I hereby acknowledge that you shall own all rights in the Photos, including the copyrights therein and thereto, and accordingly, I hereby grant, transfer, convey and assign to you all right, title and interest throughout the universe in perpetuity, including, without limitation, the copyright (and all renewals and extensions thereof), in and to the Photos.
Another common clause with unfair photo releases are ones that reference one's “droit moral,” or moral rights as the creator:
I hereby waive all rights of droit moral or “moral right of authors” or any similar rights or principles of law which I may now have or later have in the Photos.
The transfer of all rights to the photos, including the copyright, should be viewed with all seriousness by photographers presented with contracts like this.
As recognized by the Berne Convention, the copyright of an artistic work lies with the author of that work on its creation. This applies to photographers — by default, photographers own the copyright to their images on their creation. It is only when the copyright or other rights are transferred to others that one assigns those privileges.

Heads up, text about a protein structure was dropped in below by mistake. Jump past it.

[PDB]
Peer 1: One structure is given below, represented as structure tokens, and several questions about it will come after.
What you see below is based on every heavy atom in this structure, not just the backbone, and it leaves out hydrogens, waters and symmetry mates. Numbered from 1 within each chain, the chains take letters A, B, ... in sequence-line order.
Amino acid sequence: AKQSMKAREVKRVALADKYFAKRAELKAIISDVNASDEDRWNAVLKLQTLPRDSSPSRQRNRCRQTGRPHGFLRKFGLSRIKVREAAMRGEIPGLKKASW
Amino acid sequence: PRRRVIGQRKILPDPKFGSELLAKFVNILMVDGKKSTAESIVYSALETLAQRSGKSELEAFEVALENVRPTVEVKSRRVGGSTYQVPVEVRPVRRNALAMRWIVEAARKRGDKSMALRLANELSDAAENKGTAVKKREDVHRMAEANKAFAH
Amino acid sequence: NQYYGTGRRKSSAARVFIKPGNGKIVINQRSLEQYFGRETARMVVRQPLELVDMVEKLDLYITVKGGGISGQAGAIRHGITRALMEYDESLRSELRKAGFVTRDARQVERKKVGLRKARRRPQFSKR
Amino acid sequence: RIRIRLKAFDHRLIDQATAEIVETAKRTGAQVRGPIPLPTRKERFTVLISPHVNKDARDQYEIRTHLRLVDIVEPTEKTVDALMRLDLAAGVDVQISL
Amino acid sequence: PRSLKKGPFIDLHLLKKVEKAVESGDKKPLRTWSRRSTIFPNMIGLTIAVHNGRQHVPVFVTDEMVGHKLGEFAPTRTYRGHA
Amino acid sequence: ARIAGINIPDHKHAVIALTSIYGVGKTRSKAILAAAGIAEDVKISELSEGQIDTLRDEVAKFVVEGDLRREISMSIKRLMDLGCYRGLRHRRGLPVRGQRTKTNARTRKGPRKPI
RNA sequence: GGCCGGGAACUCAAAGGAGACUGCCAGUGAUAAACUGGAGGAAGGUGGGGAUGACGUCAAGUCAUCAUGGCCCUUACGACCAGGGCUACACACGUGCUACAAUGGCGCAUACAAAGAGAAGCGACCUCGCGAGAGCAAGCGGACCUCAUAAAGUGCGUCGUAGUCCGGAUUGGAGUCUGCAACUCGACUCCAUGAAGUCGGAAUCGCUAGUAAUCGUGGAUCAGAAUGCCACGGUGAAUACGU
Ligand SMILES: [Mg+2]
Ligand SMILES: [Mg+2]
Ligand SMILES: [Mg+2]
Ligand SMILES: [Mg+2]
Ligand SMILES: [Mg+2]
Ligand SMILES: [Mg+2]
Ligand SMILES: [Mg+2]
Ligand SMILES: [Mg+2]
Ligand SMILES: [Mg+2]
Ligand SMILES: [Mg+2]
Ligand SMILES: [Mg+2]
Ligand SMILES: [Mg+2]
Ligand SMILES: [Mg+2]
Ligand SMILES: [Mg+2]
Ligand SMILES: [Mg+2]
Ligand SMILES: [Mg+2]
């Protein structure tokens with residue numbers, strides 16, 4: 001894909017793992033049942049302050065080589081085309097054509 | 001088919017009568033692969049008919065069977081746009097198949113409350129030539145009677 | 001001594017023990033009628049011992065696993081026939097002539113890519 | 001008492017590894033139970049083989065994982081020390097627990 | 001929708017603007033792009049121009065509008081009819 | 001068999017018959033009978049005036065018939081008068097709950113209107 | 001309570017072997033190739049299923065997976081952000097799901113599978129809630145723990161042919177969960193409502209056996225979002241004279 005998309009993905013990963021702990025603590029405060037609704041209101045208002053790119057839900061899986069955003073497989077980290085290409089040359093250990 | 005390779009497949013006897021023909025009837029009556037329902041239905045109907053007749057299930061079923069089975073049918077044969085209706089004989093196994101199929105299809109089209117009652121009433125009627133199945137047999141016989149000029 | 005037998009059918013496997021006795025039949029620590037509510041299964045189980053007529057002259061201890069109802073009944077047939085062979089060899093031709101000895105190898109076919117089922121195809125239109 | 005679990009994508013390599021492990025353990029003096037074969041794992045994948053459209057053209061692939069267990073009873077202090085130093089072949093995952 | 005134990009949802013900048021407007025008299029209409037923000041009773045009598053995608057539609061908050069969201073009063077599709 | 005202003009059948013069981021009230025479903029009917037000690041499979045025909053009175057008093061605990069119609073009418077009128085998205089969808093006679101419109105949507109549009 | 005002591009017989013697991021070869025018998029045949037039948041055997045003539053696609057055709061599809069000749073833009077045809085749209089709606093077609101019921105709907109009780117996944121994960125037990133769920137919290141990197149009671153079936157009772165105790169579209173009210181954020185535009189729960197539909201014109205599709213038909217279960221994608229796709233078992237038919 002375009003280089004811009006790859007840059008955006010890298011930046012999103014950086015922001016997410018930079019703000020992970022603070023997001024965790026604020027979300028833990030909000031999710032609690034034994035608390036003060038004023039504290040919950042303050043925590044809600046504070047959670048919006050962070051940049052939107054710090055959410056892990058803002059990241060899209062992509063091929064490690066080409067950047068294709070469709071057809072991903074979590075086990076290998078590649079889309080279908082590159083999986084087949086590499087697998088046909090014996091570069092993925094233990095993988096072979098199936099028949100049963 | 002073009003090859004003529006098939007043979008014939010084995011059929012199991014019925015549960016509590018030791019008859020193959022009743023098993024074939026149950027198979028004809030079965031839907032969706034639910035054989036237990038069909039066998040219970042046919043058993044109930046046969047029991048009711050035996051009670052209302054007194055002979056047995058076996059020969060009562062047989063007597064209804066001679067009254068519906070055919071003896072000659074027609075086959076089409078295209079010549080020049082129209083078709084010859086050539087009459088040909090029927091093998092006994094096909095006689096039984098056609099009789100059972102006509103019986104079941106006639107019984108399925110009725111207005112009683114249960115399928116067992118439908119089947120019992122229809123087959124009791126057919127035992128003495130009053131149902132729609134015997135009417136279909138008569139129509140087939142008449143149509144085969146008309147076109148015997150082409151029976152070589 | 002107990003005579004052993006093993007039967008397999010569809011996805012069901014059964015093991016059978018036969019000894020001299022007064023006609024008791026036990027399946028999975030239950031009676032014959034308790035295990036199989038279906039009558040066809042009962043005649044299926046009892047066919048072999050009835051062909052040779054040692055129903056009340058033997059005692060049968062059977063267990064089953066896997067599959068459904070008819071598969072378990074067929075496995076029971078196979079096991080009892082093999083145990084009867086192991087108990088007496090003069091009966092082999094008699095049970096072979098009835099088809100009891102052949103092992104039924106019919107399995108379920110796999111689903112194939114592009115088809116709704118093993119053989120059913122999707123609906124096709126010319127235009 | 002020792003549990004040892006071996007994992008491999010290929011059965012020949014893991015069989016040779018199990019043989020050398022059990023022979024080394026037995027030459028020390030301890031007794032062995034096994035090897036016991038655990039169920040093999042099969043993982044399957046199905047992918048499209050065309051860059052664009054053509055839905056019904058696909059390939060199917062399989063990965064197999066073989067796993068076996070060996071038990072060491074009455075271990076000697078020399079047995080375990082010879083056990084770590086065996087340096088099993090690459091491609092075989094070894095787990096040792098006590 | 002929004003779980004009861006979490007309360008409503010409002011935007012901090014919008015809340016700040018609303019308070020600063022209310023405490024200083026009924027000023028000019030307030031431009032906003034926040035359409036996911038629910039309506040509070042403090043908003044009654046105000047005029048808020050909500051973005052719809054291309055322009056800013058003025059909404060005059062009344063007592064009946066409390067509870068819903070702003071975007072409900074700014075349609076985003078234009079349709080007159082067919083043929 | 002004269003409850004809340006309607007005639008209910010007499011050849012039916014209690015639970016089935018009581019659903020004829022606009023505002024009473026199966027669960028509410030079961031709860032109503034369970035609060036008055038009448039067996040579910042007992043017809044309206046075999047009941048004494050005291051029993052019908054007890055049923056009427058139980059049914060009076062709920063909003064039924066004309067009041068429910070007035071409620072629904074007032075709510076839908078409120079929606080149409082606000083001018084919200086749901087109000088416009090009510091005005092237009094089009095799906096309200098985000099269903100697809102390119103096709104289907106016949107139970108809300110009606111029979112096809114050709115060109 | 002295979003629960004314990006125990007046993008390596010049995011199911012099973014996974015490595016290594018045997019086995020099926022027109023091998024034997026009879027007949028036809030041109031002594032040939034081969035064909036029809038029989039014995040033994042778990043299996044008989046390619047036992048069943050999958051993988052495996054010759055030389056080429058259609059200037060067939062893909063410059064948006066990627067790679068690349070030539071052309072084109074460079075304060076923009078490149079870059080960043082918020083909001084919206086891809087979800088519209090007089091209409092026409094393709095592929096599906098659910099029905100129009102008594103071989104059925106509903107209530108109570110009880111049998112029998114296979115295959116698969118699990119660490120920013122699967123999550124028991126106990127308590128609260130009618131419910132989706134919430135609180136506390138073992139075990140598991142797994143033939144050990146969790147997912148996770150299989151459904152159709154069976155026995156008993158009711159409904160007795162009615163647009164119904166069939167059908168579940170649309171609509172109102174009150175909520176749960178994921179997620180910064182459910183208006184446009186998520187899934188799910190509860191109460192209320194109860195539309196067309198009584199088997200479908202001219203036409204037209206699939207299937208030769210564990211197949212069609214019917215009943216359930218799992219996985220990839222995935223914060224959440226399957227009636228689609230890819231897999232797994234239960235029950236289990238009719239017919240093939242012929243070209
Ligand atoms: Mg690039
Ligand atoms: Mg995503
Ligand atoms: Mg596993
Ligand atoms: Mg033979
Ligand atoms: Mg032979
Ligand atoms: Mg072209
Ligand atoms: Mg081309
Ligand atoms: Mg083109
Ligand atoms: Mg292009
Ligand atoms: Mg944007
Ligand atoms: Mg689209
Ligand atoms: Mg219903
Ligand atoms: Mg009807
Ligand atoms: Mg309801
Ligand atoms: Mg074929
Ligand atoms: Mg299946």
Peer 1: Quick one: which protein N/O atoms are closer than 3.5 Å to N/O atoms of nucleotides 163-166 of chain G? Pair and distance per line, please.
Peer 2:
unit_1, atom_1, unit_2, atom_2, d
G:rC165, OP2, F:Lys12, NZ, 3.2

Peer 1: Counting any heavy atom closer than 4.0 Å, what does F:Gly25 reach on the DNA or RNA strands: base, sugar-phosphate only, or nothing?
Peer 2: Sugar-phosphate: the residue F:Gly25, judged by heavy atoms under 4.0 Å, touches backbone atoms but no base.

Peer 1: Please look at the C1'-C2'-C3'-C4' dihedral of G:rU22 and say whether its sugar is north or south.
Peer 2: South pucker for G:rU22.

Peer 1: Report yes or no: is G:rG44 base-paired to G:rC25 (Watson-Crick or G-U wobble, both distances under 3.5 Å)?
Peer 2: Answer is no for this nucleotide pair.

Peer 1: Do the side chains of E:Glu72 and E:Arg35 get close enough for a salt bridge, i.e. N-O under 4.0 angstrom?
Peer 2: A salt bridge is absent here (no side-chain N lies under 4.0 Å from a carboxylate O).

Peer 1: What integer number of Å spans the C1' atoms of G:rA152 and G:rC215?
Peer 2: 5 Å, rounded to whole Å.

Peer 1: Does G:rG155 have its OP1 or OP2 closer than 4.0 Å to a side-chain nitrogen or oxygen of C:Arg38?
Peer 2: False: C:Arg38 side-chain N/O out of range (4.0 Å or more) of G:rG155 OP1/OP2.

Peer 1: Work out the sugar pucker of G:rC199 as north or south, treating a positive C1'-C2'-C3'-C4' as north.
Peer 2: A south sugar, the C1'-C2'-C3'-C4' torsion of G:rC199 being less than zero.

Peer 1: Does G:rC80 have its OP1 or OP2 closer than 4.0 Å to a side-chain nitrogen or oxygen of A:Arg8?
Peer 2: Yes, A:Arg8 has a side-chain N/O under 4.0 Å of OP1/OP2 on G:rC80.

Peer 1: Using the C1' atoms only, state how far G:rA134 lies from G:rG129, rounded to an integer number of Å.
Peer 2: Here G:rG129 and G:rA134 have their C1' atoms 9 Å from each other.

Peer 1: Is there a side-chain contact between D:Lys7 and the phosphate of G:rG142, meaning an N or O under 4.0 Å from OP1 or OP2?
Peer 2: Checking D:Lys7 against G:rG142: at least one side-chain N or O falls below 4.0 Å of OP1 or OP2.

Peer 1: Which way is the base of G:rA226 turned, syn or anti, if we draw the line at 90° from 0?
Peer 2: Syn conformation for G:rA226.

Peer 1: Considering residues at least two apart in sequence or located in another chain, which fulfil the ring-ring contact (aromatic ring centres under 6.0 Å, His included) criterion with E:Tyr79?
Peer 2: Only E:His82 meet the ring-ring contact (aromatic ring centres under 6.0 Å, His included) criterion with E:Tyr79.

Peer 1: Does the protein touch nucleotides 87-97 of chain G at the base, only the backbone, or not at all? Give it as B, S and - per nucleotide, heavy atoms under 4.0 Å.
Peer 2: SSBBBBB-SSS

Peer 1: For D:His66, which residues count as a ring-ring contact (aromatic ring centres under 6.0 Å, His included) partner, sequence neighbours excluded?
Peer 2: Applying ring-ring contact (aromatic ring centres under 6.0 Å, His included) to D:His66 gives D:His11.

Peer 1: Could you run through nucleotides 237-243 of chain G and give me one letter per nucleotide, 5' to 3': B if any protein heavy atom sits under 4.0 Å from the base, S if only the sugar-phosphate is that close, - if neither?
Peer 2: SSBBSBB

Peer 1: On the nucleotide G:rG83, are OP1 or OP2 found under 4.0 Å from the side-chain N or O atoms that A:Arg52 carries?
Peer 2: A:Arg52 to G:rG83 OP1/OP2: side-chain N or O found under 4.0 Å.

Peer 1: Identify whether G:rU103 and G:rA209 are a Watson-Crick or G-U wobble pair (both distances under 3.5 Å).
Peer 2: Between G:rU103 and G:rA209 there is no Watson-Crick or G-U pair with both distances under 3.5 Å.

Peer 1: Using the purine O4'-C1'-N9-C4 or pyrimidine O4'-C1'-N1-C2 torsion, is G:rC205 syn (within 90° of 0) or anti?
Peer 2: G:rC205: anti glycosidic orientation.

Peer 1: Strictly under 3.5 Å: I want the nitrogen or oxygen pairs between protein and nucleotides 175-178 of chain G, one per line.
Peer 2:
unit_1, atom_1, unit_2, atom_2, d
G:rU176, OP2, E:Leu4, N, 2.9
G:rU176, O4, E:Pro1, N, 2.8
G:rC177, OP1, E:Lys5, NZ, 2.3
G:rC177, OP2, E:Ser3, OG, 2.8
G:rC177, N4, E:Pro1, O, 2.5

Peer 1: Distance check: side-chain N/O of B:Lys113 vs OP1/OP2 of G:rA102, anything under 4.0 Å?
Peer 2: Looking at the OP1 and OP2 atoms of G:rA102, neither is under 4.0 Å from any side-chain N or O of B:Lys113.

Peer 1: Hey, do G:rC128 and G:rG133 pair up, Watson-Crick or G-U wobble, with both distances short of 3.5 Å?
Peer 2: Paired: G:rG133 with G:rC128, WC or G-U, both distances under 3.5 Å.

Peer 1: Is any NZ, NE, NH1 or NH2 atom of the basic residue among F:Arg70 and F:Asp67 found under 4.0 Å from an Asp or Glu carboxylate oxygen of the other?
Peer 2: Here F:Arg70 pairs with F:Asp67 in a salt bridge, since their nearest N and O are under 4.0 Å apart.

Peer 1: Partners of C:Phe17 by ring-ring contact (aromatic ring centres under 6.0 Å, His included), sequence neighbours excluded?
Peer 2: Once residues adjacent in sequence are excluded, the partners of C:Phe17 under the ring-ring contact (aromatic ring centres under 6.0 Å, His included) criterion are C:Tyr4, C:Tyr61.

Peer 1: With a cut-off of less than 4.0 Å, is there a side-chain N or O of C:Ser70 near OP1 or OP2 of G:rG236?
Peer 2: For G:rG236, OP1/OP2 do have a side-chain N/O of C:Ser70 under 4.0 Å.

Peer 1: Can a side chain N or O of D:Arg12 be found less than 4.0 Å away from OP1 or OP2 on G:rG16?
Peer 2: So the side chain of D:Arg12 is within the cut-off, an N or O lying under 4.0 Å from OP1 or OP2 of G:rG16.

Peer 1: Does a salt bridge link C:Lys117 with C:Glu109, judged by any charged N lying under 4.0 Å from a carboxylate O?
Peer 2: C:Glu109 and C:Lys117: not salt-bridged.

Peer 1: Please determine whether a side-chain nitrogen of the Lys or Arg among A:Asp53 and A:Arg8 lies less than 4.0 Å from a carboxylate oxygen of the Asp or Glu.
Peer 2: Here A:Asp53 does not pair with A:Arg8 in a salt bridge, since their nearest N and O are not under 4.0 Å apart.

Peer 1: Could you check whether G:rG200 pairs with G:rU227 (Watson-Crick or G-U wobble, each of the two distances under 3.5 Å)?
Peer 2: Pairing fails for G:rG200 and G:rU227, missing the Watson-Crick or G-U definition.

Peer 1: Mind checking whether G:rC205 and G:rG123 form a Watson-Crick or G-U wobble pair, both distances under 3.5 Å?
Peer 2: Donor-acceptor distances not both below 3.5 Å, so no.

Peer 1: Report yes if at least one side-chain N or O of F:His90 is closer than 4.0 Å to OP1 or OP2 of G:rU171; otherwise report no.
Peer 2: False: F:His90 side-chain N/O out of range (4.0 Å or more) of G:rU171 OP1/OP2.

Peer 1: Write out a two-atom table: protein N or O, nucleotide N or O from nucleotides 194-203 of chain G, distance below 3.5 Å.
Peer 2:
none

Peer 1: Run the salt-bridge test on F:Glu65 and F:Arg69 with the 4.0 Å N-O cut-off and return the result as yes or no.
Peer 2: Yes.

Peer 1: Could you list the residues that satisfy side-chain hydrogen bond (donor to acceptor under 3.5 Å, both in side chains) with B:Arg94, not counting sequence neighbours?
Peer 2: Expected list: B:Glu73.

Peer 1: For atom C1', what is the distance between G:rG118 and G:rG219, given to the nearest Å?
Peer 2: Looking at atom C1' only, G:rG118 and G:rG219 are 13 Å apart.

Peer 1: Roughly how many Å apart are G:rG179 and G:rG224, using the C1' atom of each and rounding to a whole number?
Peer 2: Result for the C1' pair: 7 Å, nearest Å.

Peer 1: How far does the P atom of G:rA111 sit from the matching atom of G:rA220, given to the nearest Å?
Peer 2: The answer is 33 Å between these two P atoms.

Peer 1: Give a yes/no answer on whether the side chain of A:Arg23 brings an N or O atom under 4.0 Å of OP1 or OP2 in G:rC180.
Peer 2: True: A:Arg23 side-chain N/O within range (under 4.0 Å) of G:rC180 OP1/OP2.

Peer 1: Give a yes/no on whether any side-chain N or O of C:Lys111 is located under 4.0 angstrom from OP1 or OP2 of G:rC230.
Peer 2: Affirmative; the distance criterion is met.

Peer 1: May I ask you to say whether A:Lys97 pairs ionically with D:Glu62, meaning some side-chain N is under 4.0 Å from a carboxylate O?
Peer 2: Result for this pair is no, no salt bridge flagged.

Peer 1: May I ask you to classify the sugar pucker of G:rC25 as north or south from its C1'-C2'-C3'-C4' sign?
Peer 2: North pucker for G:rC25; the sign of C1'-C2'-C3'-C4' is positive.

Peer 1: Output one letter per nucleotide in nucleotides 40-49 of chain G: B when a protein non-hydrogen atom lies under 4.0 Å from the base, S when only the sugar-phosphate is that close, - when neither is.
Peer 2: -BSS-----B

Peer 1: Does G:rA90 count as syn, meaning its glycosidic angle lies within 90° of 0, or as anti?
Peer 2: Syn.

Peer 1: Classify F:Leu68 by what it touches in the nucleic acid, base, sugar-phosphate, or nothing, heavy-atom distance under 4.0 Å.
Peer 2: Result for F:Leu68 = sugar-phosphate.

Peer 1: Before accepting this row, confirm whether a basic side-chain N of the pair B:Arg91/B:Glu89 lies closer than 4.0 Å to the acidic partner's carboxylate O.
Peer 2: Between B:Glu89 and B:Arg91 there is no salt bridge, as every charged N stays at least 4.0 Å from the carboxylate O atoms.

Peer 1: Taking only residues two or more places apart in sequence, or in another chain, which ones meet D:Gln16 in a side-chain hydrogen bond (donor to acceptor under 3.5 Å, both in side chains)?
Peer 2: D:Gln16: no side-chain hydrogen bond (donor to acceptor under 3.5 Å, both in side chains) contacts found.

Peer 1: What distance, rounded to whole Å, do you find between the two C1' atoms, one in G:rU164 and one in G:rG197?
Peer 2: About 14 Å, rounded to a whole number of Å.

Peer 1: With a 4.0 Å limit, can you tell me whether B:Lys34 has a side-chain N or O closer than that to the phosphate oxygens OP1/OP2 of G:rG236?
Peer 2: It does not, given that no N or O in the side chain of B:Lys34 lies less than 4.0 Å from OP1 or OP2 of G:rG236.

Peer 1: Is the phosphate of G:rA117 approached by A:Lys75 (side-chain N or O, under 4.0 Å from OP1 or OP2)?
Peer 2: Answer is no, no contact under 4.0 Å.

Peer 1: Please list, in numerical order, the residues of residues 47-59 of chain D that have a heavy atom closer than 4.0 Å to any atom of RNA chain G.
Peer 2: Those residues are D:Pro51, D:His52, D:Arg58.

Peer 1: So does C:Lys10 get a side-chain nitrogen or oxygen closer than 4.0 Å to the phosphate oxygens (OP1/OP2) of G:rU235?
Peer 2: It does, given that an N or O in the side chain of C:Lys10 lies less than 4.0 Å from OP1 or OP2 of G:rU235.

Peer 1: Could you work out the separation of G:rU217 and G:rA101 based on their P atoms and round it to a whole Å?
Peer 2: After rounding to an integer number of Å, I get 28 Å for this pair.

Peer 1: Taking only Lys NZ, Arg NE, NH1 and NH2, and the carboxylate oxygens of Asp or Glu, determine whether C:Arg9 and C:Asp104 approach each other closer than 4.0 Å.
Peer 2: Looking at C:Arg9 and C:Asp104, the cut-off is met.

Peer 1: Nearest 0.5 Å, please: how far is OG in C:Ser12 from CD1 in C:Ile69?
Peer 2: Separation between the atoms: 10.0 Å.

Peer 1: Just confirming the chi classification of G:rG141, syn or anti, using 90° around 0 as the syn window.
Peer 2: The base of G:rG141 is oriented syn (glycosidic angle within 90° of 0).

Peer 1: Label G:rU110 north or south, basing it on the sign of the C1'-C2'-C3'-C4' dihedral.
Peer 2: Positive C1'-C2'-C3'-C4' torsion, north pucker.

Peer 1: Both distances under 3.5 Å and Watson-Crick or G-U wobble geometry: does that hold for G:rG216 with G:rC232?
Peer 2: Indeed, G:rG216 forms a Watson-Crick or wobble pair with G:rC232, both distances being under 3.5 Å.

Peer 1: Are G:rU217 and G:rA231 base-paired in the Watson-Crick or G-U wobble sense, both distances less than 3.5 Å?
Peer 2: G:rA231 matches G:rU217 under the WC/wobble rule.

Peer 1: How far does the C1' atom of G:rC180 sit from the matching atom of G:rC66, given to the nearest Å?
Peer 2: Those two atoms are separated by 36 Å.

Risk assessment:The risk here, like the licensing, is very high on paper and the worst of all in the severity of implications. This is basically as bad as it gets. While the other risks of other photo releases is more hypothetical — an artist could use the images without compensation as in the above rights granted/licensing scenario — here the artist is now the owner of the images themselves and their copyright. Even if nothing truly comes to pass from this, it's a terrible position to be in as a creator that should be completely avoided.
Example Photo Releases and Contracts
Why you shouldn't sign rights grab contracts
Copyright grabbing contracts devalue the work of photographers, full stop.